55% of visitors spend less than 15 seconds on your website.

Now, in those 15 seconds do we think that people are spending a lot of time reading or looking?

My guess is that most of those people are simply looking around, deciding whether or not the blog/website conveys enough authority to make it worth reading.

After all, anyone who has been blogging for some time can spot a custom image, and we know how much work that requires.

Just look at Brian’s blog BackLinko, every post is filled with custom images:

how to rank for any keyword

And yes, I realize I’ve already referenced him twice in this article, but the fact is the man has awesome design.

And you should too.

Here are some places to implement custom images:

And the great thing about design is that you can use it over and over.

For example, on NinjaOutreach, our blogger average software, we have this banner that we use for giveaways.

ninja outreach giveaway

We are trying to run giveaways once a month, and now we have an awesome looking banner to do so.

The lesson here is that if you are struggling to improve the design of your blog, start with the things that will benefit you for a long time and which rarely change.

Make Yourself A Case Study

Depending on your niche that can be quite a lot of fake it until you make it.

Basically, a lot of people who like to talk the talk, but are they really walking the walk?

I’ve certainly had my suspicion over the years of people who are writing about things they knew very little about. For example, people in the make money online niche, who actually don’t make any money online at all (or at best do so by telling other people how to do it).

To this day, this is still a problem in many niches.

One way to overcome this is through a live case study.

This is where you make a public announcement to your audience that you will be undertaking a project, and then you revealed the results to them live as they happen.

An example is Jon Haver’s Authority Website Case Study.

And even if you don’t want it to be live, you can still write about something that took place, and simply provide the data as you have it.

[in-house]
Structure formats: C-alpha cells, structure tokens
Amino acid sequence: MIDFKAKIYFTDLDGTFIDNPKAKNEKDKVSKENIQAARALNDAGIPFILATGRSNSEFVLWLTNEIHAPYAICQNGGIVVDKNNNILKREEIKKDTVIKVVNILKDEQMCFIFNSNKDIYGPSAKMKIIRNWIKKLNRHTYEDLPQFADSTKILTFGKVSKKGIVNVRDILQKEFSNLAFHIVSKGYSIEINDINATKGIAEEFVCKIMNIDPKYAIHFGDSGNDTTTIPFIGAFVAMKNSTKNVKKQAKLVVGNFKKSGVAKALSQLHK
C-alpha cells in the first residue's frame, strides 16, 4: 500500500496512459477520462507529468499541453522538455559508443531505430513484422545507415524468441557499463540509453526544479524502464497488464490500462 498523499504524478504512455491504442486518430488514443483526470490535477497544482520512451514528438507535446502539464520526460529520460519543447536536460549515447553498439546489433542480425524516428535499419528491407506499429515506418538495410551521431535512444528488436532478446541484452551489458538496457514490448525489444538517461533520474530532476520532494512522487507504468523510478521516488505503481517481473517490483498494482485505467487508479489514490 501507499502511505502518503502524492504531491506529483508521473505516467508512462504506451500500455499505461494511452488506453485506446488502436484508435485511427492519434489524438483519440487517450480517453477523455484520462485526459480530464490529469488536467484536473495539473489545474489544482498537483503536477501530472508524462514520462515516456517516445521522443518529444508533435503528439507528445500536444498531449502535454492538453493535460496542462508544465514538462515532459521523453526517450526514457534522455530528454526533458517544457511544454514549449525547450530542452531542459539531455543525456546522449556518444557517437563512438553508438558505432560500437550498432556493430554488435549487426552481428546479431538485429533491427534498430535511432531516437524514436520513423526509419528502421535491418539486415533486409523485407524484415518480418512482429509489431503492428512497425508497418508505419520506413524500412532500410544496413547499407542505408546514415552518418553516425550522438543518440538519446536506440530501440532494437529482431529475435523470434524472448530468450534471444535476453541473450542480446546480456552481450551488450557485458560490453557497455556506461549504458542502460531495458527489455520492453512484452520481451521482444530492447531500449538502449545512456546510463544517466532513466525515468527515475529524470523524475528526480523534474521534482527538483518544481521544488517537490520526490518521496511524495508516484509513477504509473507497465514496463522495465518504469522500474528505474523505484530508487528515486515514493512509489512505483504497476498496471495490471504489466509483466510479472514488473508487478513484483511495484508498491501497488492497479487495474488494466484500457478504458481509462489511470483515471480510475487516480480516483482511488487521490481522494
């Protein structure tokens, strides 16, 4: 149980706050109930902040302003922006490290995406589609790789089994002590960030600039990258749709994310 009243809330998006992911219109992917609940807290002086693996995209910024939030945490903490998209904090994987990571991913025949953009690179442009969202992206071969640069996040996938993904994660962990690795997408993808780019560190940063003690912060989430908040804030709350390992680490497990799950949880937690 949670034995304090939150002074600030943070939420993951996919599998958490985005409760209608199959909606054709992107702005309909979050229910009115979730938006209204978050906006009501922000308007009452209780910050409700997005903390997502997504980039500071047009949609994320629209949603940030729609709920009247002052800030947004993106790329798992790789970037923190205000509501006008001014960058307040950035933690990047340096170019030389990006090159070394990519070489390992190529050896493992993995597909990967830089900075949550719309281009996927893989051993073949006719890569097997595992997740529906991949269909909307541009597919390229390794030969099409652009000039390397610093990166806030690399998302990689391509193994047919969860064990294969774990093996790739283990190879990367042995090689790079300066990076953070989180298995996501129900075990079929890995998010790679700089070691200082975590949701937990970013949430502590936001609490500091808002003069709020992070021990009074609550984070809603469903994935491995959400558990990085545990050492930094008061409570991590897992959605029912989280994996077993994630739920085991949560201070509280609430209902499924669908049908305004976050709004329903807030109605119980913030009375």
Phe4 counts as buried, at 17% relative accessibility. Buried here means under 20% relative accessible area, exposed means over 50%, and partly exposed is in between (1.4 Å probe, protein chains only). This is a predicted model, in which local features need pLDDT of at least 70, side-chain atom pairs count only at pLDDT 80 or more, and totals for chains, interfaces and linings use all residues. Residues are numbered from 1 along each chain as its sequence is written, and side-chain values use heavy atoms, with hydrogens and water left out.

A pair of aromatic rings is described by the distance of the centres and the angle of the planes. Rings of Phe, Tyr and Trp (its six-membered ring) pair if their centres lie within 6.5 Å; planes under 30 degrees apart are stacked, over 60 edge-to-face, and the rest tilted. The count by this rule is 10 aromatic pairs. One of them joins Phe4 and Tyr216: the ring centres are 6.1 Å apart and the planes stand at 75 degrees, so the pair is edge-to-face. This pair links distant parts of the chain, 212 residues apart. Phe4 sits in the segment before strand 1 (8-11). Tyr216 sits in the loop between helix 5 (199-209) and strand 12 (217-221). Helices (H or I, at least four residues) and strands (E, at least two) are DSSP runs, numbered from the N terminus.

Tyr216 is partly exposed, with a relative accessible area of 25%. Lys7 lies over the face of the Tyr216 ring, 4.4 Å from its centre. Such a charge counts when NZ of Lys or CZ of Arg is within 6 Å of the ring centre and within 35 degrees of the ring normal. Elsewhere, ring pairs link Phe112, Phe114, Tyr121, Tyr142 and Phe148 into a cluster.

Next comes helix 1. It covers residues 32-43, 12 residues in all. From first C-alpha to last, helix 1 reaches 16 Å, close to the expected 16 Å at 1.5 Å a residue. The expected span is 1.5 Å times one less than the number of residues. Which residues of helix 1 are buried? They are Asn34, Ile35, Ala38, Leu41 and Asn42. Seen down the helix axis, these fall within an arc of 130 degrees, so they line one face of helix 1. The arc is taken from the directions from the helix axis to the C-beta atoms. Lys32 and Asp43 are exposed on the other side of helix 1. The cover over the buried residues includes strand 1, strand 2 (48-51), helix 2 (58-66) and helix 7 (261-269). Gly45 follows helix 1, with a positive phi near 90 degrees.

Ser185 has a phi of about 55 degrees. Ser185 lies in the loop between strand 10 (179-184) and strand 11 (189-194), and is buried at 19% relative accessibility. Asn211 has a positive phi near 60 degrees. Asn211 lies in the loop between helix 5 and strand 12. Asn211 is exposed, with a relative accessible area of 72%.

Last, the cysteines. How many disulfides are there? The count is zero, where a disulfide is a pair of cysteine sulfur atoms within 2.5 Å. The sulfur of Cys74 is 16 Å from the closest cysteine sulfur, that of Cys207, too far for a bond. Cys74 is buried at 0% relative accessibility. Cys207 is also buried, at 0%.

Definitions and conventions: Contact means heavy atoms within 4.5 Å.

Either way, you’ll will be placing yourself well above all the other people who are not practicing what they preach.

Increase The Length Of Your Articles

This is probably going to sound very gimmicky, much like when I said you should use bigger words.

But it’s not meant to be.

In my personal experience, the articles that I see which tend to do the best are very long and in-depth.

It is just very difficult to put together a very authoritative in research article in a few hundred words.

That might be different if you are simply telling a story or providing some sort of opinion and you are not intending to write a strong authority piece.

But more often than not, your article should be in-depth.

And for those people who don’t believe this, we have another data backed article

SerpIQ studied search results rank based on content length. Here’s what they found:

average content length of top 10 results

The higher the Google SERP position, the more content the page has. Notice that every one of these first page results has content exceeding 2,000 words.


Anyone can start a blog, there are no barriers to entry.

But authority is something that you have to earn.

And honestly, that is a good thing, because the rewards of having authority are tremendous.

Dave SchneiderDavid Schneider is the Content Director at NinjaOutreach an all in one Influencer Outreach software for marketers. He blogs about business at SelfMadeBusinessman. You can also find him on twitter @ninjaoutreach

(Update – Dave no longer runs these websites, but can be found at and